The peak hit around 100 confirmed cases and more than 300 islanders with flu-like illnesses in 2022 - 2023.
The worst of the flu season was at New Year's, which is earlier than usual as influenza tends to peak in late January and early February.
It has also hit Jersey much harder in the year to 4 July than in 2019 and 2020.
Flu activity was seen in early autumn, which is unusual, before a larger mid-winter peak.
This is despite 39,000 islanders getting their jabs.
The 2022-23 Influenza Report shows that 80% of 65-year-olds took the vaccine; on top of this, 60% of school-aged children (4 to 16 years old).
A little under half of adults aged 50 to 64 were protected against the virus (47%), and just over half (52%) of nursey children (2 to 4 years old) took their jabs.
However, it does appear that influenza trends are returning to pre-pandemic levels after two years of altered activity due to lockdown and the use of masks.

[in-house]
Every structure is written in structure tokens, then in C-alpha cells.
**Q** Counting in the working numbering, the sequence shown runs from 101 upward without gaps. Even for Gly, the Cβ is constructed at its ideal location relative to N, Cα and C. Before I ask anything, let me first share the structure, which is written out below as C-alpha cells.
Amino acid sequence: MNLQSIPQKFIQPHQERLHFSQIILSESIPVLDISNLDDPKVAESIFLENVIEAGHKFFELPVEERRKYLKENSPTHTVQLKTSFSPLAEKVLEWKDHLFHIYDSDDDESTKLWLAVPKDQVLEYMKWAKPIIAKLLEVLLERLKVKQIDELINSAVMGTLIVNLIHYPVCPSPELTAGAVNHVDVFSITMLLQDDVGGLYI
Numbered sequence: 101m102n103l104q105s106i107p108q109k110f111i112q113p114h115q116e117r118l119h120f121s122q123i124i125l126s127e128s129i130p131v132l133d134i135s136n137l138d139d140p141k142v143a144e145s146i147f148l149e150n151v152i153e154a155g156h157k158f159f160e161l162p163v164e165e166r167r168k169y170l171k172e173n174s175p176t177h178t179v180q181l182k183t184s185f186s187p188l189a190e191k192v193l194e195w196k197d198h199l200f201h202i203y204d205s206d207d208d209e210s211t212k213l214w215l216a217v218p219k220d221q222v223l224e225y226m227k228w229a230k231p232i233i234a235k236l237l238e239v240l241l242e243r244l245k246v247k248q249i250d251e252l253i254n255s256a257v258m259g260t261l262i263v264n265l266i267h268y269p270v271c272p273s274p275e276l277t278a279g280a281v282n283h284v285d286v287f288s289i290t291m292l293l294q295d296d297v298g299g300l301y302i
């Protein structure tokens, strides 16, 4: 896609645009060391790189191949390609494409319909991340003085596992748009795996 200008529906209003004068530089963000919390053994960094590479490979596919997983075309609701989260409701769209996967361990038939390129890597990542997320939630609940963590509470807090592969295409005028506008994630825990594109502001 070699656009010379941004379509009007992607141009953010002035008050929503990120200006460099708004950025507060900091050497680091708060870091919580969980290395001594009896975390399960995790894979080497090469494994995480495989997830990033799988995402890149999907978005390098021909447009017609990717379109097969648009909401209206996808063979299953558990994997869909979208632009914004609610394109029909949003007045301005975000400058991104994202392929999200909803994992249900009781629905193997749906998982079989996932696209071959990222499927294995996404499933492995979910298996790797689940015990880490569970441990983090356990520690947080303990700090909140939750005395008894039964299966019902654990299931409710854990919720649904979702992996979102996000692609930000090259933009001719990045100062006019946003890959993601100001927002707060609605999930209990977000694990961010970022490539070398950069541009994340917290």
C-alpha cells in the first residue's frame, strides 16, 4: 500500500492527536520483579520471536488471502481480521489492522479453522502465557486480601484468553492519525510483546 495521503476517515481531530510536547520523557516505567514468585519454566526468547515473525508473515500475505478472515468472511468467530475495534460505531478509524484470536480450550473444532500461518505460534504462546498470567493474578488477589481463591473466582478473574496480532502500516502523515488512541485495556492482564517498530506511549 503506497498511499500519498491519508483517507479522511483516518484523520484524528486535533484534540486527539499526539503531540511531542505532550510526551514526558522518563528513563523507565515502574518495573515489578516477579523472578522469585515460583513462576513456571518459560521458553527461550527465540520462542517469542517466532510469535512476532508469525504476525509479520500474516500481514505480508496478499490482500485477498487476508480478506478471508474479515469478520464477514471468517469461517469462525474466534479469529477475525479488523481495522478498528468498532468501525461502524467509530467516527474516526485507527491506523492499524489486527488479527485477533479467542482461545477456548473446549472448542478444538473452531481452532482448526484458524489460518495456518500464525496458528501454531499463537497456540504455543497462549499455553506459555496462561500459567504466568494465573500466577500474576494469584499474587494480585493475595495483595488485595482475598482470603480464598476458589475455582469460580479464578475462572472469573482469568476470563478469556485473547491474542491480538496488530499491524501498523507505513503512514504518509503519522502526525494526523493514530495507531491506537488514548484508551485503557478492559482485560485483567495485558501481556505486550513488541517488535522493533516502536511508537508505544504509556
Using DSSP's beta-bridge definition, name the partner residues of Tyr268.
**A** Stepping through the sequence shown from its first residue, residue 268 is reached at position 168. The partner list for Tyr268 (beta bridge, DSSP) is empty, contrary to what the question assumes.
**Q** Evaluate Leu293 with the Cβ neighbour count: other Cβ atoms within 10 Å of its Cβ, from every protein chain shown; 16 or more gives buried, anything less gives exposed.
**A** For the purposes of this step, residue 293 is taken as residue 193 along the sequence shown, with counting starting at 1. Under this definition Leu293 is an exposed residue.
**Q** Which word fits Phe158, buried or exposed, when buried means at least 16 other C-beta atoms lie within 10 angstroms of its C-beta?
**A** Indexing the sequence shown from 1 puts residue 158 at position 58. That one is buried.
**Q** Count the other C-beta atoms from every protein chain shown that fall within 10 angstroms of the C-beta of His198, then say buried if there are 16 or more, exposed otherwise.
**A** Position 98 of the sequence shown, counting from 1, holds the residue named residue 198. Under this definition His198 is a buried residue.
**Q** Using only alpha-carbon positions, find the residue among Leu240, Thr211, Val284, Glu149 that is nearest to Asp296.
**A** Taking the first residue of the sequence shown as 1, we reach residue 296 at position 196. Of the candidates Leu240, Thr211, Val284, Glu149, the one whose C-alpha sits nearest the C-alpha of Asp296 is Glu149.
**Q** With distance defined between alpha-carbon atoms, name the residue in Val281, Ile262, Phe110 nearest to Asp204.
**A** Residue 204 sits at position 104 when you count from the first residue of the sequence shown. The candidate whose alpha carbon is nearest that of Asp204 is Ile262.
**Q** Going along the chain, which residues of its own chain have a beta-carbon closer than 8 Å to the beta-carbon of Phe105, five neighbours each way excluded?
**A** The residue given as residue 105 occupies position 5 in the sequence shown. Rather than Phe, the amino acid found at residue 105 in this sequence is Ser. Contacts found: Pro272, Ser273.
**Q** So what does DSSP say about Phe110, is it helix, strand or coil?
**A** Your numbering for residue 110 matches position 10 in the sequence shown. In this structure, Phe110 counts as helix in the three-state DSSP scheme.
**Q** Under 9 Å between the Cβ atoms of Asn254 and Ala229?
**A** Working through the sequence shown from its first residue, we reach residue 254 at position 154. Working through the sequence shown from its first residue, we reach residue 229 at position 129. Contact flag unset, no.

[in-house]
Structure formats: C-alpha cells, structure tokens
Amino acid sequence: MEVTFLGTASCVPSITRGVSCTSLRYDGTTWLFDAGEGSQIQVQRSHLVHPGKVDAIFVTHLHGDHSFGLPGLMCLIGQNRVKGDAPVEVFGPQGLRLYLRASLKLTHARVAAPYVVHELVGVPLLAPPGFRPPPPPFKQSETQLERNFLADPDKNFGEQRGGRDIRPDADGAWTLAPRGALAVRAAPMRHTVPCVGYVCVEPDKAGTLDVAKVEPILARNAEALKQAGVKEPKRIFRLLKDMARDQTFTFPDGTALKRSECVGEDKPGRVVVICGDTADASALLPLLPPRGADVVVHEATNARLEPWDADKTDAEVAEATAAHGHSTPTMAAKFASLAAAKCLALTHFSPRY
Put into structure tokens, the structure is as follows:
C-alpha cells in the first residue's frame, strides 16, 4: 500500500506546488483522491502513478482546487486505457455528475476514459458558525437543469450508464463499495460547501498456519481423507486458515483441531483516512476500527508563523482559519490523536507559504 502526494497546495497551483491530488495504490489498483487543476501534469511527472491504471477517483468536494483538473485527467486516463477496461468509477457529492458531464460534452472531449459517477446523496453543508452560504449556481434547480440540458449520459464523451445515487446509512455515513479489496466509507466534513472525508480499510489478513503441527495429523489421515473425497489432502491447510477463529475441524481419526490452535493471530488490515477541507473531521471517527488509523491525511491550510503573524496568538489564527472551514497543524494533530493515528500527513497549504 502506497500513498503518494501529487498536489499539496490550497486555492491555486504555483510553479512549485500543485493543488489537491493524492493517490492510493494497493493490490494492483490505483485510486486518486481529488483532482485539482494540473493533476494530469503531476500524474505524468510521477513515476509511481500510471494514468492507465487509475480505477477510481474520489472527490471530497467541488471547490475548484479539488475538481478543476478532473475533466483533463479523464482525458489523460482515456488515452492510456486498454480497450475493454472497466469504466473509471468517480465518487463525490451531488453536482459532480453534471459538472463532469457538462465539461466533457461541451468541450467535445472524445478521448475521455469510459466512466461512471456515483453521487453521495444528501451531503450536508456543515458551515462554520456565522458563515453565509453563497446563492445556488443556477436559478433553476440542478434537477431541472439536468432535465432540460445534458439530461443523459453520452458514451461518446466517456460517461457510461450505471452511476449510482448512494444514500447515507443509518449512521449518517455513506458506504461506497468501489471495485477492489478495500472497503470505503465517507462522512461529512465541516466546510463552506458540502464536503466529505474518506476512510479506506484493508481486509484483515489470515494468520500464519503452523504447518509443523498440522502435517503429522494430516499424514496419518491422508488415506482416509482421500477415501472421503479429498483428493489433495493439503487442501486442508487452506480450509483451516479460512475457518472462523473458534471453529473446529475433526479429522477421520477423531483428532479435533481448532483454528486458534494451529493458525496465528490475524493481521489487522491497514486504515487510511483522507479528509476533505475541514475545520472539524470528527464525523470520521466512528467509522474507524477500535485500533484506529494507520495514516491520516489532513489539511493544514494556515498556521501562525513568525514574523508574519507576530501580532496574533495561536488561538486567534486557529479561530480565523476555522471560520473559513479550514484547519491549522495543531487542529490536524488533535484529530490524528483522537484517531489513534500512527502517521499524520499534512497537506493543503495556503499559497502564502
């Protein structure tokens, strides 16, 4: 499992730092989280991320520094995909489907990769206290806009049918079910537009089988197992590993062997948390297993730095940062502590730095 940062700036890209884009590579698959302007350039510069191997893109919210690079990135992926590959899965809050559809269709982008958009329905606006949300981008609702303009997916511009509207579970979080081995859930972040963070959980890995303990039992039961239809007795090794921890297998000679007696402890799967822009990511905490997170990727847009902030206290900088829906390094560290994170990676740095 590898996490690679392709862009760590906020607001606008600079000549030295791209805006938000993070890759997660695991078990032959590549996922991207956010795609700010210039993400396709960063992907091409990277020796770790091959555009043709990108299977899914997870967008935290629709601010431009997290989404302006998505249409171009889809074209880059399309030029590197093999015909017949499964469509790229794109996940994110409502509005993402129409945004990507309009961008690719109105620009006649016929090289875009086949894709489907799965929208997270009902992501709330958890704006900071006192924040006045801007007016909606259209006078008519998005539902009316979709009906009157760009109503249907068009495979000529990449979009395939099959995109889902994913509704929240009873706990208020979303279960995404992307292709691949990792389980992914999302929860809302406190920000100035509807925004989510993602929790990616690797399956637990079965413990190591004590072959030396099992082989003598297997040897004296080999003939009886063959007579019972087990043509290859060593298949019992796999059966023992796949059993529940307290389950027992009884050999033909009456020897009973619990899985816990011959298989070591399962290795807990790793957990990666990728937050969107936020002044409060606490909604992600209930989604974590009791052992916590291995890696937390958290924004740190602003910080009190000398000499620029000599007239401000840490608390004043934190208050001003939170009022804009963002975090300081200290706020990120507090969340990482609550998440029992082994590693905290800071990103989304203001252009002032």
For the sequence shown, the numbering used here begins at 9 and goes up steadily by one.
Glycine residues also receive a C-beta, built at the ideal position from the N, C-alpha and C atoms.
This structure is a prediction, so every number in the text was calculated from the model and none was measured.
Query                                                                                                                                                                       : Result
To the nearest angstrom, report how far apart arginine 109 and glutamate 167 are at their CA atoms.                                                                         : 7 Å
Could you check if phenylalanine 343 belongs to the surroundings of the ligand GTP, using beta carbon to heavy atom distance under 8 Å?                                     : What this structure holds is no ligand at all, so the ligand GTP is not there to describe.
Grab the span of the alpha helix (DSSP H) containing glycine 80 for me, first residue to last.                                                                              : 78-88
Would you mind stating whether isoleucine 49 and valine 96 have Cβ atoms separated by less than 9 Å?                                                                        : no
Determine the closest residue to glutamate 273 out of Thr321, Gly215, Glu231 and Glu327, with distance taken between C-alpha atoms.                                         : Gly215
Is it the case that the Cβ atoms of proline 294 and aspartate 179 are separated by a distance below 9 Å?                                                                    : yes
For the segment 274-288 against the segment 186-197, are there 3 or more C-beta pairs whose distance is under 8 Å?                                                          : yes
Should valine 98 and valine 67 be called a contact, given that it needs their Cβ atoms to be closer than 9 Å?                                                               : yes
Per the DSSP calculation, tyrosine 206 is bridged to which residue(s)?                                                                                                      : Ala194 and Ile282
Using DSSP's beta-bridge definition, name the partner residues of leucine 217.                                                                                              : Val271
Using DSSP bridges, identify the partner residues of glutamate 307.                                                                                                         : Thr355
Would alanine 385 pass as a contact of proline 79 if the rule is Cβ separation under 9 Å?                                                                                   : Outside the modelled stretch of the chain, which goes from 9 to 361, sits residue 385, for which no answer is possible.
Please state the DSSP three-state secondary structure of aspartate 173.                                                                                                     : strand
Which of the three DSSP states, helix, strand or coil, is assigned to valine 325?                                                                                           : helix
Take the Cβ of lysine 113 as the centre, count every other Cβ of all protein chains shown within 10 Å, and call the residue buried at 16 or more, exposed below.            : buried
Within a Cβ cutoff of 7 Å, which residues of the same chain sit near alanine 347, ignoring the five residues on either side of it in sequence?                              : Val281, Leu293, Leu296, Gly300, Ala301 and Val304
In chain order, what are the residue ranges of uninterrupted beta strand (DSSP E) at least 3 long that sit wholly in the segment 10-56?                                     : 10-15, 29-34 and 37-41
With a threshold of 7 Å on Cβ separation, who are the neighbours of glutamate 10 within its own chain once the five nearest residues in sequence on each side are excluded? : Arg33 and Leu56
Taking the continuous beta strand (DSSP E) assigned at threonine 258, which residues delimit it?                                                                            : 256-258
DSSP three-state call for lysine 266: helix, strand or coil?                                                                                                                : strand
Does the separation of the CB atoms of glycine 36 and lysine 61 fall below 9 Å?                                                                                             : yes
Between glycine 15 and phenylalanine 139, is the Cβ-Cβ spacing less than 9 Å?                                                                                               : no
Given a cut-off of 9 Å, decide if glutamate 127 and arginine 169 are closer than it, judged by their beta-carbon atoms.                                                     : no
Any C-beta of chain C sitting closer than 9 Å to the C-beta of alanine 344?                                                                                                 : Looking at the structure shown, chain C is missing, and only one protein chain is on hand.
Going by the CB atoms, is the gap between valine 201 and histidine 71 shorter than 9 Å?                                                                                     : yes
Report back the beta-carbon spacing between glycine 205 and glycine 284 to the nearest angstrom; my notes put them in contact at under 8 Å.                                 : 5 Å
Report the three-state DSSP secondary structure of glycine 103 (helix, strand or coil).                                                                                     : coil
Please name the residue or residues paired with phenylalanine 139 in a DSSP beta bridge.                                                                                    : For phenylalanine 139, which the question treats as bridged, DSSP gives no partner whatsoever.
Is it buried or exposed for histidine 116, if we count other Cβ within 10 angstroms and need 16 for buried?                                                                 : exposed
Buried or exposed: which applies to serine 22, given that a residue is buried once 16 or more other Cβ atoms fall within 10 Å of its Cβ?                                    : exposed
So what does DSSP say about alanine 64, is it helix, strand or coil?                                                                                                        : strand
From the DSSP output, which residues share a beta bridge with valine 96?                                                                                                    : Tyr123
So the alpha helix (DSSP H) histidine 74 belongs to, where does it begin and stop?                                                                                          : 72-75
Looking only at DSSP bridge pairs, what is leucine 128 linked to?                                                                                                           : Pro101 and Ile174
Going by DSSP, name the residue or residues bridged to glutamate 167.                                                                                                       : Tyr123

Despite the levels looking high, it is expected, after three years with a focus on sanitation, that flu levels would be lower for a few years.
Influenza deaths in 2022 returned to 2015 to 2017 levels, with 30 people passing away from the virus (rounded to the nearest five people).
From 2018 to 2021, there was a drop in deaths.
It is unclear how many people die from influenza each year due to flu-related complications such as:
- Serious complications can be triggered by flu and it can make chronic medical problems worse.
- Many flu-related deaths can also occur one or two weeks after a person’s initial infection, either because the person may develop a secondary bacterial co-infection or because influenza can aggravate an existing chronic illness.
- Most people who die from flu-related complications are not tested for flu or may not have sought medical care until later in their illness when influenza can no longer be detected from respiratory samples.